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smilex3md

The Plot Against Public Education - Bob Herbert - POLITICO Magazine - 57 views

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    More on how the money of billionaires is changing American education.
A Gardner

Yong Zhao: How PISA Misleads the World | Diane Ravitch's blog - 48 views

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    Yong Zhao: How PISA Misleads the World http://t.co/6DpRO4UxZ4
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    Yong Zhao: How PISA Misleads the World http://t.co/6DpRO4UxZ4
Steve Ransom

Principal: 'I was naïve about Common Core' - 4 views

  • The promise of the Common Core is dying and teaching and learning are being distorted.  The well that should sustain the Core has been poisoned.
  • Whether or not learning the word ‘commission’ is appropriate for second graders could be debated—I personally think it is a bit over the top.  What is of deeper concern, however, is that during a time when 7 year olds should be listening to and making music, they are instead taking a vocabulary quiz.
  • Real learning occurs in the mind of the learner when she makes connections with prior learning, makes meaning, and retains that knowledge in order to create additional meaning from new information.  In short, with tests we see traces of learning, not learning itself.
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  • Teachers are engaged in practices like these because they are pressured and afraid, not because they think the assessments are educationally sound. Their principals are pressured and nervous about their own scores and the school’s scores. Guaranteed, every child in the class feels that pressure and trepidation as well.
  • I am troubled that a company that has a multi-million dollar contract to create tests for the state should also be able to profit from producing test prep materials. I am even more deeply troubled that this wonderful little girl, whom I have known since she was born, is being subject to this distortion of what her primary education should be.
  • The Common Core places an extraordinary emphasis on vocabulary development
  • Parents can expect that the other three will be neglected as teachers frantically try to prepare students for the difficult and high-stakes tests.
  • They see data, not children. 
  • Data should be used as a strategy for improvement, not for accountability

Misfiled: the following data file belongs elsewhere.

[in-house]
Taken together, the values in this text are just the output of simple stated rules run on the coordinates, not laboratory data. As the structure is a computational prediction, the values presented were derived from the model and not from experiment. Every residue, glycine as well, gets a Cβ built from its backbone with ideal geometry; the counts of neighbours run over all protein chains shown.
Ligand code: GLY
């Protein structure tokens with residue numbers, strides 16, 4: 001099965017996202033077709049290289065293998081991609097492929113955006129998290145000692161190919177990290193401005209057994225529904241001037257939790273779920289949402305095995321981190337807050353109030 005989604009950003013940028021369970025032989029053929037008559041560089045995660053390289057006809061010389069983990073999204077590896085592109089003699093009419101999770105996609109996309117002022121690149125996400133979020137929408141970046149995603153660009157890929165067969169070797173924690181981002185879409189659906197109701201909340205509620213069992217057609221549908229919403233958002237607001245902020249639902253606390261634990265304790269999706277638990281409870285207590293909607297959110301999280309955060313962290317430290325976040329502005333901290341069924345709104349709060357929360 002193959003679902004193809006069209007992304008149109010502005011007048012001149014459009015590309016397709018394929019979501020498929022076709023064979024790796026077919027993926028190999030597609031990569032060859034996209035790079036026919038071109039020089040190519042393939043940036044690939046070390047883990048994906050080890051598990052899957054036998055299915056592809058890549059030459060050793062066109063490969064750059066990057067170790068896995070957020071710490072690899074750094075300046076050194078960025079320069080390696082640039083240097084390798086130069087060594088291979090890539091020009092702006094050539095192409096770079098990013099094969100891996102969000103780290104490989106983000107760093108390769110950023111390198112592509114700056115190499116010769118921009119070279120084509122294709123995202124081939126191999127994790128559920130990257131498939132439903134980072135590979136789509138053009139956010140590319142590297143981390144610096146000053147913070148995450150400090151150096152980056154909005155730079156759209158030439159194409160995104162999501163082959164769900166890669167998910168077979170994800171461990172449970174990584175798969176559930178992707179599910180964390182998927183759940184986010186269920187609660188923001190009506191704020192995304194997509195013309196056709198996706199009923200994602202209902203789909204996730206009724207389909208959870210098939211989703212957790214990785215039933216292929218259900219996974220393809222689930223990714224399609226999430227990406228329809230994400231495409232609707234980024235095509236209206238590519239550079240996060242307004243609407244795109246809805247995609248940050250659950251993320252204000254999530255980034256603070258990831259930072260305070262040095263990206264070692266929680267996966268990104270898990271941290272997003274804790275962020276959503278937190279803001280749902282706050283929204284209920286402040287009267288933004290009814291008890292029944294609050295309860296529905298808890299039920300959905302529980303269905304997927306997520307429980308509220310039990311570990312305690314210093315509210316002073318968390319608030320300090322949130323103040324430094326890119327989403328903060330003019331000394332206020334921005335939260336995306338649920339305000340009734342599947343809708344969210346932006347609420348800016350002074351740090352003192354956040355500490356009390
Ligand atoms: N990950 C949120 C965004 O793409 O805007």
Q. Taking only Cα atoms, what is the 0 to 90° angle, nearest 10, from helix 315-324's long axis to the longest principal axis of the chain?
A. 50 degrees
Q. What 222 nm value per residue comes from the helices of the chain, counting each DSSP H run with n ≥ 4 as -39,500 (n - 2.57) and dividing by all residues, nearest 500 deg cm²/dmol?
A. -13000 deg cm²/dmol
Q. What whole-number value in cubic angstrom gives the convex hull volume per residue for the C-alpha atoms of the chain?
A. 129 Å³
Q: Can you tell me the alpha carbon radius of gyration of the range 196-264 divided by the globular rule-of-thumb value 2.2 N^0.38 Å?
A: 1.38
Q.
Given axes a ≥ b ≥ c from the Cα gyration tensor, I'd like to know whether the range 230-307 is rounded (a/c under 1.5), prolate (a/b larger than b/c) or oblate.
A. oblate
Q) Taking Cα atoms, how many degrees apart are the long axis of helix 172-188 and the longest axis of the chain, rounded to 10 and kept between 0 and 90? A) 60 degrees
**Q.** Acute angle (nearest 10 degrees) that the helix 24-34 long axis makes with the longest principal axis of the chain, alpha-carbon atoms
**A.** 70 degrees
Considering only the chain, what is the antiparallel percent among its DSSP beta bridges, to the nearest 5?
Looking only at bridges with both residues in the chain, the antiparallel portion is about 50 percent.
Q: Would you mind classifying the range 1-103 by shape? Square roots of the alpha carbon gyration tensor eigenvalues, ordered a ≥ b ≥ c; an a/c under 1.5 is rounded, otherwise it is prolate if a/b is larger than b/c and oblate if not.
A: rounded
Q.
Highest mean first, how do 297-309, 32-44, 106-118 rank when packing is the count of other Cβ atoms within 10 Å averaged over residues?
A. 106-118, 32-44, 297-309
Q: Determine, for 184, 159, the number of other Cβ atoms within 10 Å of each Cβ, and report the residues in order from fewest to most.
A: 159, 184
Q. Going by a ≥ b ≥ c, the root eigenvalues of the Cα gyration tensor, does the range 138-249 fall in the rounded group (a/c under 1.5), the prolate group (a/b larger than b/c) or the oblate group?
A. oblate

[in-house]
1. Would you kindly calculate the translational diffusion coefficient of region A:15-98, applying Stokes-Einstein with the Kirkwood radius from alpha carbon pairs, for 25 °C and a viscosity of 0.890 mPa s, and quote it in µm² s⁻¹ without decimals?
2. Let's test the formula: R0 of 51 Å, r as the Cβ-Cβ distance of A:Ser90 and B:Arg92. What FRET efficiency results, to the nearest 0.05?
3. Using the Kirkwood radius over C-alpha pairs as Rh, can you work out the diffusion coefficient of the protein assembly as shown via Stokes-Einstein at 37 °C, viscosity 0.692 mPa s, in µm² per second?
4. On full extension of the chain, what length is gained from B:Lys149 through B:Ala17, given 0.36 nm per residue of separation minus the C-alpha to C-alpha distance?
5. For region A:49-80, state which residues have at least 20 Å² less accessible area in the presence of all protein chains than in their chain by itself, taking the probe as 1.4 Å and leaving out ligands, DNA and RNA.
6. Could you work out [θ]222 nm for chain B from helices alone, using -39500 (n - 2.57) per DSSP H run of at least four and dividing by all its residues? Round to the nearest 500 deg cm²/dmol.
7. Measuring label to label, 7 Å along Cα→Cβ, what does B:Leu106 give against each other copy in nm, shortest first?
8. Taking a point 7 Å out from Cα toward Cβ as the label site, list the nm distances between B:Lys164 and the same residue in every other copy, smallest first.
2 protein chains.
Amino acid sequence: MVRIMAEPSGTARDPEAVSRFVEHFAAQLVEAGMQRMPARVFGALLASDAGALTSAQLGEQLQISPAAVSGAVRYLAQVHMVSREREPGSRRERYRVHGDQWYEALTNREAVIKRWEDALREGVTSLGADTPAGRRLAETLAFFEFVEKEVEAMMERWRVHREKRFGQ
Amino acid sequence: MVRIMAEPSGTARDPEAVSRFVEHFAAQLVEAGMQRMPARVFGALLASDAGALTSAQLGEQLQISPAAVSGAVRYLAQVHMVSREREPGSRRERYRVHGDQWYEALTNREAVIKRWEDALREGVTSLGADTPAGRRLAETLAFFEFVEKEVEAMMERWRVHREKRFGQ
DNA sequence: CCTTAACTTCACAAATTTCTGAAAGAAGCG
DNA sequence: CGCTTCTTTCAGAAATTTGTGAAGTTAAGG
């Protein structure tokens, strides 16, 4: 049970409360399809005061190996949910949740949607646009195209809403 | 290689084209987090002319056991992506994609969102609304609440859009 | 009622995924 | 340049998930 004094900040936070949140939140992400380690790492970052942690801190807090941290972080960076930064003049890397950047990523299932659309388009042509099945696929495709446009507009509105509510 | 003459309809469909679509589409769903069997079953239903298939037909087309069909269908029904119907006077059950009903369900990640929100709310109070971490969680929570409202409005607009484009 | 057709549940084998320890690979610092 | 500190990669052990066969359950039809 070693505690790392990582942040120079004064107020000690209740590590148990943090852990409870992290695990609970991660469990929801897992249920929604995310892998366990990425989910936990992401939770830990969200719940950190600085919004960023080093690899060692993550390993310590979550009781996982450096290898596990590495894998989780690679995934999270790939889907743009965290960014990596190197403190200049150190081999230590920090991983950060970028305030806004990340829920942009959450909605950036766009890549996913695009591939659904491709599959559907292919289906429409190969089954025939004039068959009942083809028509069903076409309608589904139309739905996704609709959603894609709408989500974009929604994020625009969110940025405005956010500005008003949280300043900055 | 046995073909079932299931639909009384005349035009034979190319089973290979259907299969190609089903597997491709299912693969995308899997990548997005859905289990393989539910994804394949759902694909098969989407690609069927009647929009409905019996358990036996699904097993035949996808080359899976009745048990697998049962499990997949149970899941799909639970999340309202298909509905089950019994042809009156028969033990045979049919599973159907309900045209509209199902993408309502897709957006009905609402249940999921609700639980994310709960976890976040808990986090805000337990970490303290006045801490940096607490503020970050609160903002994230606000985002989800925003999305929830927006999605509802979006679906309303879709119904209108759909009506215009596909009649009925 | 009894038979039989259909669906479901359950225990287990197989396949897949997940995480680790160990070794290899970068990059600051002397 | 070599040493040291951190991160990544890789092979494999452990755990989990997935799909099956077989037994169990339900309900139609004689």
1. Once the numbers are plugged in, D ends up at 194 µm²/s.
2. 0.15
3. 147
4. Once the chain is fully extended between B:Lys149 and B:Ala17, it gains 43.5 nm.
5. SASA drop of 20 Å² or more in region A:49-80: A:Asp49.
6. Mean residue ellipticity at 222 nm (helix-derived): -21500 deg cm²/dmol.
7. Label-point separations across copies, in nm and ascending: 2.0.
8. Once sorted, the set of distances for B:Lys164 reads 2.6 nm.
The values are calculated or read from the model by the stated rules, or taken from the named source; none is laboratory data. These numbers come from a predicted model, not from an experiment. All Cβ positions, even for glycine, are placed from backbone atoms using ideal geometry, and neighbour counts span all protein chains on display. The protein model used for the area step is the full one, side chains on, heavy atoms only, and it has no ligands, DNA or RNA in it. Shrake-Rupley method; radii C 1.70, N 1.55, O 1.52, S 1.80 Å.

• A fool with a tool is still a fool.  A fool with a powerful tool is a dangerous fool.
Trevor Cunningham

Why I Gave Up Flipped Instruction - 21 views

  • It has nothing to do with videos, or homework, or the latest fad in education. It has everything to do with who owns the learning.
  • No. The thing that I didn’t expect was that my students created flexible groups, depending on what they were working on. They found peers who were working on the same concept they were, so that they could help each other. Sometimes they realized who they couldn’t work with on a particular day, and found a different group of peers to work with instead. And to solidify what my students were learning, we engaged in hands-on activities and labs that actually used the Chemistry concepts they were studying.
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    Great post by Shelly Wright. It's not about the videos.
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    When I recently re-read the post, I didn't disagree with anything I'd said. Yet my brief love affair with the flip has ended. It simply didn't produce the tranformative learning experience I knew I wanted for my students .
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    Direct instruction is direct instruction no matter how you spin or flip it. While it does have its place, as all things do, we're reminded that the paradigm shift is not simply a matter of shifting an order of events. This is a solid post on the power of personalized learning.